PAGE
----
If we’re talking about speed, we have to bring up network peering again. All told, we have around 500 peering relationships. To give one example, we have direct peering connections with Microsoft in over 20 cities globally. And, over the last 12 months or so, we’ve both doubled the number of direct links with the software giant and increased the capacity of our interconnections by 650%.

Because of these links, it only takes one hop for our traffic to reach Microsoft 365. A direct connection deals with the issues that could limit Microsoft 365 on other, less capable networks. Each peering connection comes with back-ups, so traffic handoff is faster, and teams keep working even when a line goes down. Businesspeople who use Microsoft 365 feel the difference as a measurable step change in speed and productivity.

  1. Security – because you deliver security services closer to end users

When users and devices are everywhere, security needs to be everywhere as well.

In the old way of working, businesses would forward remote user traffic to their data centres, inspect it, and send it back again. But the further traffic needs to travel, the longer its journey takes. So that traditional approach to verification becomes impractical when teams are spread out: no longer in a central headquarters but working from home.

Thankfully, SASE or ZTE or – as we like to call it – Secure Connected Enterprise has emerged as a network strategy that’s more direct. Traffic’s inspected at points of presence near the users, before being sent on to its destination. Access to applications and data is more efficient.

And, if you’re worried this efficiency might come at the expense of your data security, don’t be. Secure Connected Enterprise brings a range of network security services together, including:

  • Software-Defined WAN or SD WAN – a network with controls to steer traffic to trusted providers

  • Firewall as a Service or FWaaS – a cloud service that inspects traffic and enforces security policies

  • Zero-Trust Network Access – a solution that only lets verified users or devices access applications and checks identities every session

  • Cloud Access Security Broker – a service that sits between users and cloud providers to make sure businesses are using the cloud in a safe way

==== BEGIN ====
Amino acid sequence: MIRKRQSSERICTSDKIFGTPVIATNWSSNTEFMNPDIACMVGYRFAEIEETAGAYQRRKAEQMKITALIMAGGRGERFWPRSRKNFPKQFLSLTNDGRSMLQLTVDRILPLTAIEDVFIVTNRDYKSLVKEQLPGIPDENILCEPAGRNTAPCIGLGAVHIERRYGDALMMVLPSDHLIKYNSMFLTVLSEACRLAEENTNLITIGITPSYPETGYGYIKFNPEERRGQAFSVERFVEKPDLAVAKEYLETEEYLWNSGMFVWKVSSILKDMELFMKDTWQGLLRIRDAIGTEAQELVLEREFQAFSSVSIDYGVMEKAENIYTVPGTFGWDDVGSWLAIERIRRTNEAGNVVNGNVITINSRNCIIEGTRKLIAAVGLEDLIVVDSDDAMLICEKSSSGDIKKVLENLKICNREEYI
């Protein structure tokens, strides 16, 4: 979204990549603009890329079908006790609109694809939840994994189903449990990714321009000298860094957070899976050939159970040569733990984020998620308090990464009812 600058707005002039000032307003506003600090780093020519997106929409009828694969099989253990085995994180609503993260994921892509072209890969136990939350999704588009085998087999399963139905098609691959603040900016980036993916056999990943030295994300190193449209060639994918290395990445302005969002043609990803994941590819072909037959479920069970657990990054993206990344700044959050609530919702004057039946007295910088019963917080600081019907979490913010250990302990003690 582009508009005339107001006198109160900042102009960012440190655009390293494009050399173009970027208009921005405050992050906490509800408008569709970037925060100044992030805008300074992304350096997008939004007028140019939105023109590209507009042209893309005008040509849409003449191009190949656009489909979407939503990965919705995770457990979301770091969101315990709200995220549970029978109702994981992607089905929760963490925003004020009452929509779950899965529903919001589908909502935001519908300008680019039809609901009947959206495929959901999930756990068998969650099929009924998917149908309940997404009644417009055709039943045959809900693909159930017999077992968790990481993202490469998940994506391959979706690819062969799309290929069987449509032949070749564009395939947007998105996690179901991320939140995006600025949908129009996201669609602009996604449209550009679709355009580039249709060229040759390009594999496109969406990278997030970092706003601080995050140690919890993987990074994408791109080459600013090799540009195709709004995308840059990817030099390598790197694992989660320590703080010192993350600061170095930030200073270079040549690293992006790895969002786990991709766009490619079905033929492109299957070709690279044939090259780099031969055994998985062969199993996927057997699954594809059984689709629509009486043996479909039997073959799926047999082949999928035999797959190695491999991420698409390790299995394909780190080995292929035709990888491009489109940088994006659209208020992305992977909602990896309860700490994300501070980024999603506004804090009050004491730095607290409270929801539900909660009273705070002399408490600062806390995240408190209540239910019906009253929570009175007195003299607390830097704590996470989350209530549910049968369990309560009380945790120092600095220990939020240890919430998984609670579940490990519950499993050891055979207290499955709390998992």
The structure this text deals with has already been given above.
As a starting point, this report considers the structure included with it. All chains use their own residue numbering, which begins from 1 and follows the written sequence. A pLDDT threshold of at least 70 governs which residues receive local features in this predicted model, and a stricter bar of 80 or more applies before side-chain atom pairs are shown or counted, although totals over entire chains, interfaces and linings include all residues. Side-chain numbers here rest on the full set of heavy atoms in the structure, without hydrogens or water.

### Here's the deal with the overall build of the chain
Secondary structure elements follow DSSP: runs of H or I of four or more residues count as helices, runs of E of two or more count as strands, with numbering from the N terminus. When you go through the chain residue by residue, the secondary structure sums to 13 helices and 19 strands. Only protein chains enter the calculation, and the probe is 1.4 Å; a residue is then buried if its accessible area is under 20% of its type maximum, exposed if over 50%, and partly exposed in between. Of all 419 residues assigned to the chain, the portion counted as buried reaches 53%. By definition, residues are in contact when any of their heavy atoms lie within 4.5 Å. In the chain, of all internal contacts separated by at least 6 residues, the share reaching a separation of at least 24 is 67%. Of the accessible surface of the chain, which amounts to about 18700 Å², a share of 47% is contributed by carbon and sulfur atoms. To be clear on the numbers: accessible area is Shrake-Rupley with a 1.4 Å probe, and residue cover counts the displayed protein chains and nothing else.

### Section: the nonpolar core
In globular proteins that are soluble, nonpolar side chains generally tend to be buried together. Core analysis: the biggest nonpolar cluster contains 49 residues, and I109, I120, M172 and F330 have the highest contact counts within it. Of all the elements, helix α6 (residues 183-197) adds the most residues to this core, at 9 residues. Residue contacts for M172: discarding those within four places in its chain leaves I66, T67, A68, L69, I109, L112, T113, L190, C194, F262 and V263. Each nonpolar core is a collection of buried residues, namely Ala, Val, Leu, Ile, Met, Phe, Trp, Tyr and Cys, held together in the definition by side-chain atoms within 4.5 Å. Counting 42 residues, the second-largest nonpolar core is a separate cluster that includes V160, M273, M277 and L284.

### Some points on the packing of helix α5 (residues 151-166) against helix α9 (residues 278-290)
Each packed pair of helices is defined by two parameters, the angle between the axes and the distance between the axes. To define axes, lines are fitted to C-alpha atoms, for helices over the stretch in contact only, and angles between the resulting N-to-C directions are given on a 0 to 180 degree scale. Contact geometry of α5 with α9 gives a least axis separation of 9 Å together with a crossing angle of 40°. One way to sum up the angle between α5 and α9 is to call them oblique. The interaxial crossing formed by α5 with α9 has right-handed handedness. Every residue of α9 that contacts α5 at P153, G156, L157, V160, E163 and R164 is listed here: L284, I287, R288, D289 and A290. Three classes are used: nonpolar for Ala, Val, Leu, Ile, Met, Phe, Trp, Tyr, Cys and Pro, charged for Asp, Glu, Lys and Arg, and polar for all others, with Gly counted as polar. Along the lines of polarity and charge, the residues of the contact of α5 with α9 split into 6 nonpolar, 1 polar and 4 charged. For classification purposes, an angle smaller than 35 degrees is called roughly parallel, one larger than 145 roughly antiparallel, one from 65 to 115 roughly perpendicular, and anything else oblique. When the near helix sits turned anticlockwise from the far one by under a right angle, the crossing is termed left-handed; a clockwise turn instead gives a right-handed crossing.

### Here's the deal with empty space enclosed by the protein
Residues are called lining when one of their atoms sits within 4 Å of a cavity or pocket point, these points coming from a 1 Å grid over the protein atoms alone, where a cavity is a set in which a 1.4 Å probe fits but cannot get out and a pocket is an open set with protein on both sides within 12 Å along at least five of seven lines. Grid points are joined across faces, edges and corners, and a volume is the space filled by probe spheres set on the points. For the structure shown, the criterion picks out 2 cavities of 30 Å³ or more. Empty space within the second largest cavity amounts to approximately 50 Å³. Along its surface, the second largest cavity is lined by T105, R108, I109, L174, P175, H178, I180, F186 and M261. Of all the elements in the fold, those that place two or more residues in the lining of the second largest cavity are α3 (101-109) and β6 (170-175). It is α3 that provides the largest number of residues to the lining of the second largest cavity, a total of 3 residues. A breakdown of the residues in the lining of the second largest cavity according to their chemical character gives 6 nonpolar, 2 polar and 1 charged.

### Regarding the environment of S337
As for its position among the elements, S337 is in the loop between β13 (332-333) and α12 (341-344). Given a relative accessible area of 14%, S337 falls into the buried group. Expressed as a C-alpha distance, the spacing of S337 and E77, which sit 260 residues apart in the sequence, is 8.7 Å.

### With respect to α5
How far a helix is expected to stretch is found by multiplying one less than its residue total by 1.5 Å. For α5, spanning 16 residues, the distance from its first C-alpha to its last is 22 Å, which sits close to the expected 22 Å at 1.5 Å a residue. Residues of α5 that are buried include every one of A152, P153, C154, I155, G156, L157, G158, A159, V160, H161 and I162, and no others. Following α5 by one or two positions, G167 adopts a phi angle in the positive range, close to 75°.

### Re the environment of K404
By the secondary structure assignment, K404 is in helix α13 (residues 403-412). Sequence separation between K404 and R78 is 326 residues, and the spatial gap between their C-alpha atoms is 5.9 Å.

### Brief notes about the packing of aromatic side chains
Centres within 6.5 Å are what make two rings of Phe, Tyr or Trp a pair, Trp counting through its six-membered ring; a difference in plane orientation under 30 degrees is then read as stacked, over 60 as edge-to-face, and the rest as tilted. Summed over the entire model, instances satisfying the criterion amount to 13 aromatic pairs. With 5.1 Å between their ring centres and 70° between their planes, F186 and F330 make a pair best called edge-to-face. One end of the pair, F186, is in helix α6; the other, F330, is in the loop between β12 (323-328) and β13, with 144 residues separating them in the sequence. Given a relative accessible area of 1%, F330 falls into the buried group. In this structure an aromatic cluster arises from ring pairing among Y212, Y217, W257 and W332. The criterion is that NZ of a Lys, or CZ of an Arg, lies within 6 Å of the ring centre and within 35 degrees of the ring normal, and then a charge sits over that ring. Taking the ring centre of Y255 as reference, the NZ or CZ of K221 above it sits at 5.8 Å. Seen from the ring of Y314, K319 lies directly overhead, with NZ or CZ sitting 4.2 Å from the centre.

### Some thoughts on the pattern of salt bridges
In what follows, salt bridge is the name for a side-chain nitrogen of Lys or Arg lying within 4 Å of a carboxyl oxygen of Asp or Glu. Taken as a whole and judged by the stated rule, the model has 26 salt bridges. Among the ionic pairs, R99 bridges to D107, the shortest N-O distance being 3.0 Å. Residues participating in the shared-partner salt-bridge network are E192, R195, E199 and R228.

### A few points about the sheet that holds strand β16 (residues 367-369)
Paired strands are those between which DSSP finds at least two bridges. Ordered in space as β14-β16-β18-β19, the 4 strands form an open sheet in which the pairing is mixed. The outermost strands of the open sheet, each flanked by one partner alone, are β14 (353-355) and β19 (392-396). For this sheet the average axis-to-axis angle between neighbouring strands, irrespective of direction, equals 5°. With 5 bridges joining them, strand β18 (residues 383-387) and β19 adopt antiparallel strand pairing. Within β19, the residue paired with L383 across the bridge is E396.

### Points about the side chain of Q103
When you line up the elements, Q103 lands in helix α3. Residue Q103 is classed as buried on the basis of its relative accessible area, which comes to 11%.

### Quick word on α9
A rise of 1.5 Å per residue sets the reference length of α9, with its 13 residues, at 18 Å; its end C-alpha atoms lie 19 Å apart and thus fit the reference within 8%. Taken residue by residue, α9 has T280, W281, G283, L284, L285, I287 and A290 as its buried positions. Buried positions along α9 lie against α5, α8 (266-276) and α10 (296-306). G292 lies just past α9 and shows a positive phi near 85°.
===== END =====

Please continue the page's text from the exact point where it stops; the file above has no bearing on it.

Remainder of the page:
• Secure Web Gateway – a solution that stops an organisation’s users from accessing unsafe web sites

  1. Simplicity – because it’s the foundation for a whole range of solutions

Think about infrastructure first, software second, and you’ll end up with an IT estate that’s easier to manage. Buying software from an Over-The-Top provider might be straightforward in the moment, but soon raises awkward questions about system integration.

We make sure our solutions work together. Take our voice connectivity systems and cybersecurity solutions. These services, which seem so different on the surface, have a common architecture – an architecture founded on our infrastructure. What does that mean for IT leaders? More control. IT teams can set policies based on load conditions, network performance, or even specific application or security requirements.

It’s only because of our network – and our Super PoP strategy – that we can offer a harmonised set of services, covered by a single set of standards, which can be managed through a single portal. Our points of presence are a key strength, and one we’re glad to share with customers.

The right partner gives you speed, security and simplicity

Almost everything we do in modern work – file sharing, record keeping, calling, messaging, emailing, analysing data, taking payments – relies on networking in big or small ways. And, as the demands on networks increase, businesses need to be prepared.

The right infrastructure will empower remote working and, in turn, attract the right talent. If an ambitious professional gets two job offers – one from a centralised, office-bound corporation, and the other from a flexible, forward-looking enterprise – who do you think they’re going to choose?

We’re working hard to deliver the kind of infrastructure that gives our customers a competitive edge. And our dedication has been recognised by Gartner who named us as a market leader in their 2022 Magic Quadrant for global network services.

So, as you make plans for your IT budget in 2023, get real. With the right infrastructure, you can strengthen your organisation in ways you can’t with software solutions alone.